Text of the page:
Innovation and Policing

August 3, 2010 at 11:26 AM Leave a comment

For the past 18 months I’ve been working with the Portland Police Bureau. We’re tasked with helping them use new software technologies to improve internal collaboration, and to bring closer together police officers and the community they serve.

When I started, I saw a chance to unite two worlds – the fast moving world of software development and the highly structured world of the police force – and enable them to learn from each other.

There were lots of good reasons to get involved in my role as citizen, Portland resident, and an old-time community organizer. But as an innovation consultant, what drew me in?

One question we all grapple with is not just the theory, but the practice of innovation. It’s fine to think of new ideas, but often the big challenge is not coming up with ideas for change, but getting people to change their behavior. And organizations only change when behavior changes.

Police departments are notoriously tough places to innovate in. They’re highly unionized paramilitary organizations with entrenched bureaucracies, incredibly slow adoption rates for technology, and ingrained modes of behavior. In fact, if you were asked to create the most difficult environment for innovation possible, it might look a lot like a modern American police department.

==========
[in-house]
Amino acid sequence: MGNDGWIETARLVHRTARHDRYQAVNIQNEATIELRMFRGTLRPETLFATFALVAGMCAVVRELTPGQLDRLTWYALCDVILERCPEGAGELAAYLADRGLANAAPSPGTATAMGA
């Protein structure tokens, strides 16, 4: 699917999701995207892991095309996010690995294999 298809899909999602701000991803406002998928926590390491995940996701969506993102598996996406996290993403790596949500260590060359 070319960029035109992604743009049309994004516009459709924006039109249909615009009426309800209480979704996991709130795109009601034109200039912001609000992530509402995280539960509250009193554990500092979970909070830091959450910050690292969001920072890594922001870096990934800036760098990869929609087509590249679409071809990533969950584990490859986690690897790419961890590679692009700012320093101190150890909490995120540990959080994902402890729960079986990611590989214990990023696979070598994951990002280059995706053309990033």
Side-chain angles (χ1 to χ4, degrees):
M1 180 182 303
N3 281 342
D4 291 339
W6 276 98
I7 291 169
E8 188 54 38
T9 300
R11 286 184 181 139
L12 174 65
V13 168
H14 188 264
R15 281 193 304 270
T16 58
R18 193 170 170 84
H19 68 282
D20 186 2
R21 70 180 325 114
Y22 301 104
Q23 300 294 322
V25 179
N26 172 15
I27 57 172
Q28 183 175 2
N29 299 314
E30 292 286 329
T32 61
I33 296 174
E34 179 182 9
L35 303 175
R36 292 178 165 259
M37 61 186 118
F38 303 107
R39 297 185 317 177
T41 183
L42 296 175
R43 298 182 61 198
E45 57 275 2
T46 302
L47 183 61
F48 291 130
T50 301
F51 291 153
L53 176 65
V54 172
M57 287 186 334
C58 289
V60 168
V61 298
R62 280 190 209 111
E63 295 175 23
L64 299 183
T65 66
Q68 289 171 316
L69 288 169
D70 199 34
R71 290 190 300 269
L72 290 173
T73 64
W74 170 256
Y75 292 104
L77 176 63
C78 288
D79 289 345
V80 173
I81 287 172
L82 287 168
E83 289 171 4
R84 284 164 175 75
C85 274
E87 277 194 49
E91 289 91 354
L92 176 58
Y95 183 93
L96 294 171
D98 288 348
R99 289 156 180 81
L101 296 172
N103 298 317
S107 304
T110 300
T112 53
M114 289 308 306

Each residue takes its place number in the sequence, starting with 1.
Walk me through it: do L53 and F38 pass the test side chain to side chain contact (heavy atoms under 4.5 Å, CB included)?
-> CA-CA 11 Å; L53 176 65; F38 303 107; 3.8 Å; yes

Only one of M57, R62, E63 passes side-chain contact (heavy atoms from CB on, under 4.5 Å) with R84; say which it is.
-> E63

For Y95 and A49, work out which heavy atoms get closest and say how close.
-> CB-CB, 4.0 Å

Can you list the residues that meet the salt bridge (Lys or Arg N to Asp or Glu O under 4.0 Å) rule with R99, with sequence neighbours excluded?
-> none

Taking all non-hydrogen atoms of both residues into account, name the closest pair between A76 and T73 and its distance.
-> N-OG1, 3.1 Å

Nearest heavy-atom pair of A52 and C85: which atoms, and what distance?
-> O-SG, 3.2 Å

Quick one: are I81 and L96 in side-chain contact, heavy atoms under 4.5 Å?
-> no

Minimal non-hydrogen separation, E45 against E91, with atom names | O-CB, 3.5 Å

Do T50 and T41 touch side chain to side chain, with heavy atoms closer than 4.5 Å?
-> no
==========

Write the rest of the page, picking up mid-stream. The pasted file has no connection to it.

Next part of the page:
And of course, the Bureau gets this. They know that many people within the organization resist change. At the same time, they realize that the increasing complexity of the problems that they face each day require them to become far more agile, collaborative and innovative

So we got to work, and they’ve given us some great support. New ideas are sprouting, new doors opening up.

And that’s part of the attraction for me. The more challenging an environment is, the better proving ground it is for theory. The lessons we learn at the PPB are battle-tested ones that can be replicated in other organizations. By working together successfully, we’re developing new ways to change organizations’ behavior, and thus change people’s lives.


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Thompson Morrison

Thompson Morrison

About Thompson

As CEO of FUSE Insight, Thompson Morrison uses powerful new web interviewing technologies to help businesses better align their brand with the needs and aspirations of their customers. Learn more at


"The single most significant strategic strength that an organization can have is not a good strategic plan, but a commitment to strategic listening on the part of every member of the organization." -- Tom Peters



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